The Sabal Trail natural gas pipeline, a giant interstate project whose tail reaches over 268 miles into Florida, has generated fierce opposition as its construction moves through the state from Georgia to its end-point in Osceola County, where it is scheduled to link up to an existing gas pipeline in June.
Starting late last year, hundreds of protestors picketed construction sites in northern and central Florida. Some of them handcuffed themselves to machinery, confronted police, set up a camp and organized sit-ins and meetings along the route, which passes through 12 Florida counties. A lawsuit also was filed by a non-profit to halt the project, but the action was denied.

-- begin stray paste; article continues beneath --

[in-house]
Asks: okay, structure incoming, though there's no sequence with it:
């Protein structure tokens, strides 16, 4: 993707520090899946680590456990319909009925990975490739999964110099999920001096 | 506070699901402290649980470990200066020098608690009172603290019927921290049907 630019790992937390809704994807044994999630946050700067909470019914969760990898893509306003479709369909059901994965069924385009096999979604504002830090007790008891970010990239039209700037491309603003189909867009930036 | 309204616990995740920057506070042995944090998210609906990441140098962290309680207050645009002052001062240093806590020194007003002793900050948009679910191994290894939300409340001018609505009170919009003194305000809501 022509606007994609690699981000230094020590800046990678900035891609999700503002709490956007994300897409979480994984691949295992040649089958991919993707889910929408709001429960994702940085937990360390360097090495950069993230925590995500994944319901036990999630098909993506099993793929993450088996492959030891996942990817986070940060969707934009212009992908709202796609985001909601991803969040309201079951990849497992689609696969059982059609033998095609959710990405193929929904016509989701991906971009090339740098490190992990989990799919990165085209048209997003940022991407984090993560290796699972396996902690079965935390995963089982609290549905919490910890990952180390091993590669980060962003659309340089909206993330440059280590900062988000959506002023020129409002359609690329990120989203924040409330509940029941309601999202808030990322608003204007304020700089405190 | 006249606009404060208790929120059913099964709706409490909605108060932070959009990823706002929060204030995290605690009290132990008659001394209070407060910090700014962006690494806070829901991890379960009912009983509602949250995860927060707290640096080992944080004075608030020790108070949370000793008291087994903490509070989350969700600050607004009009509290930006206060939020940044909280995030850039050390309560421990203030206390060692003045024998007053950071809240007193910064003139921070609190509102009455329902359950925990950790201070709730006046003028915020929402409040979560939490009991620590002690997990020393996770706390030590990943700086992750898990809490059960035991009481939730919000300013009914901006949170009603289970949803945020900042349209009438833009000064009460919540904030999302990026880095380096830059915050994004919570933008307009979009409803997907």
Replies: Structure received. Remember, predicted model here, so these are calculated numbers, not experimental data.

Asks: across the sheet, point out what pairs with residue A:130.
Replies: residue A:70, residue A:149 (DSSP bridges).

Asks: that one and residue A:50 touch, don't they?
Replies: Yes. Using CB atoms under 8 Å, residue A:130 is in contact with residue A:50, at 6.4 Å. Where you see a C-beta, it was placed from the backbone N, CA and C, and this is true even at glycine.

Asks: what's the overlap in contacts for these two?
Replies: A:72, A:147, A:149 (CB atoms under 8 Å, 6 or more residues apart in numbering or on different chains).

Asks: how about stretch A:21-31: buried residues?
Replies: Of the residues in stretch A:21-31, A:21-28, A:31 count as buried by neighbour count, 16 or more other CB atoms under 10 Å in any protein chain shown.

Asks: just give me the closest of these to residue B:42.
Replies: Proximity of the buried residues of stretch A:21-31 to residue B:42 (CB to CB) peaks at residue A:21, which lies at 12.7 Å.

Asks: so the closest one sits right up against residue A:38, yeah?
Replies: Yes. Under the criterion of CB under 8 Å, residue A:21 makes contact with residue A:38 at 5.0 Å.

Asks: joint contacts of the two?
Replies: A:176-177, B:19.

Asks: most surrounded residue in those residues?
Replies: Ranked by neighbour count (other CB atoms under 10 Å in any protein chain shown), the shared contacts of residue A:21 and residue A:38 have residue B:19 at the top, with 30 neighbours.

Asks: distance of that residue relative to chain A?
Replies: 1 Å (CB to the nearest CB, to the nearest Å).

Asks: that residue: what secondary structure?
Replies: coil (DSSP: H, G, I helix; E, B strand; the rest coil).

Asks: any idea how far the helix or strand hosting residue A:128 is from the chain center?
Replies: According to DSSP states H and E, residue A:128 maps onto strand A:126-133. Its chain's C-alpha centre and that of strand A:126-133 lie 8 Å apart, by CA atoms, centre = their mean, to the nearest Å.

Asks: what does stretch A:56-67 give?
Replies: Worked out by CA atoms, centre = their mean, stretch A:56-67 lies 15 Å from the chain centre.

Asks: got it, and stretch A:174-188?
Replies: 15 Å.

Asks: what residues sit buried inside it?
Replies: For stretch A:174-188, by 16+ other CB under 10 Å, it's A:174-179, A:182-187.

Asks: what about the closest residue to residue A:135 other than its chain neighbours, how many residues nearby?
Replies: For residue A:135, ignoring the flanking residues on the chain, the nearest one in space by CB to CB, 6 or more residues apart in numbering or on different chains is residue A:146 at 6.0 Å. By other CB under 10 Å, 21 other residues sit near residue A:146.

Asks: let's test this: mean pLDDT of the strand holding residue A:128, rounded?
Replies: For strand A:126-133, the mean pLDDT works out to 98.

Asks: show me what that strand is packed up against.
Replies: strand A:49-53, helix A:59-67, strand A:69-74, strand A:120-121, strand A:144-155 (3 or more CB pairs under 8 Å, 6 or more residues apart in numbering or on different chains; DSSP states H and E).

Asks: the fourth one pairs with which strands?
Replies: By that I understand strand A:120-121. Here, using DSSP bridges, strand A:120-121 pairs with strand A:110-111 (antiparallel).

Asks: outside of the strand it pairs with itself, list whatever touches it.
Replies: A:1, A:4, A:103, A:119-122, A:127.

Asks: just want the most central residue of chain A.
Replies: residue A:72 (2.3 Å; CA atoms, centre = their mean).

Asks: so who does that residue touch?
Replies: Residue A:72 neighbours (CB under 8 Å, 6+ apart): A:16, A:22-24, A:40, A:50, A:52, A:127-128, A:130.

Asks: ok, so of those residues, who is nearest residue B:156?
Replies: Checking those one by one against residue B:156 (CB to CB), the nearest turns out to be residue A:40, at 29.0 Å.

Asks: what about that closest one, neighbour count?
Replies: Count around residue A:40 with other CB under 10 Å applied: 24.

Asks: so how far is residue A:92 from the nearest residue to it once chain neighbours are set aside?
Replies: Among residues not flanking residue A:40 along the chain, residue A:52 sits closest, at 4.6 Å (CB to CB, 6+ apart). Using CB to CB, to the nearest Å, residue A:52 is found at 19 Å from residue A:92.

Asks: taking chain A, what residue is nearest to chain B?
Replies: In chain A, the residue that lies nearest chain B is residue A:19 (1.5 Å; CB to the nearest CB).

The $3.2-billion project, called Sabal Trail Transmission LLC, is a joint venture among Houston-based Spectra Energy Partners, a major owner of pipelines and storage facilities that is now part of Enbridge Inc., a Canadian energy firm; NextEra Energy (parent of Florida Power & Light) and Duke Energy. FPL and Duke plan to use Sabal Trail’s natural gas to generate electricity in their Florida power plants.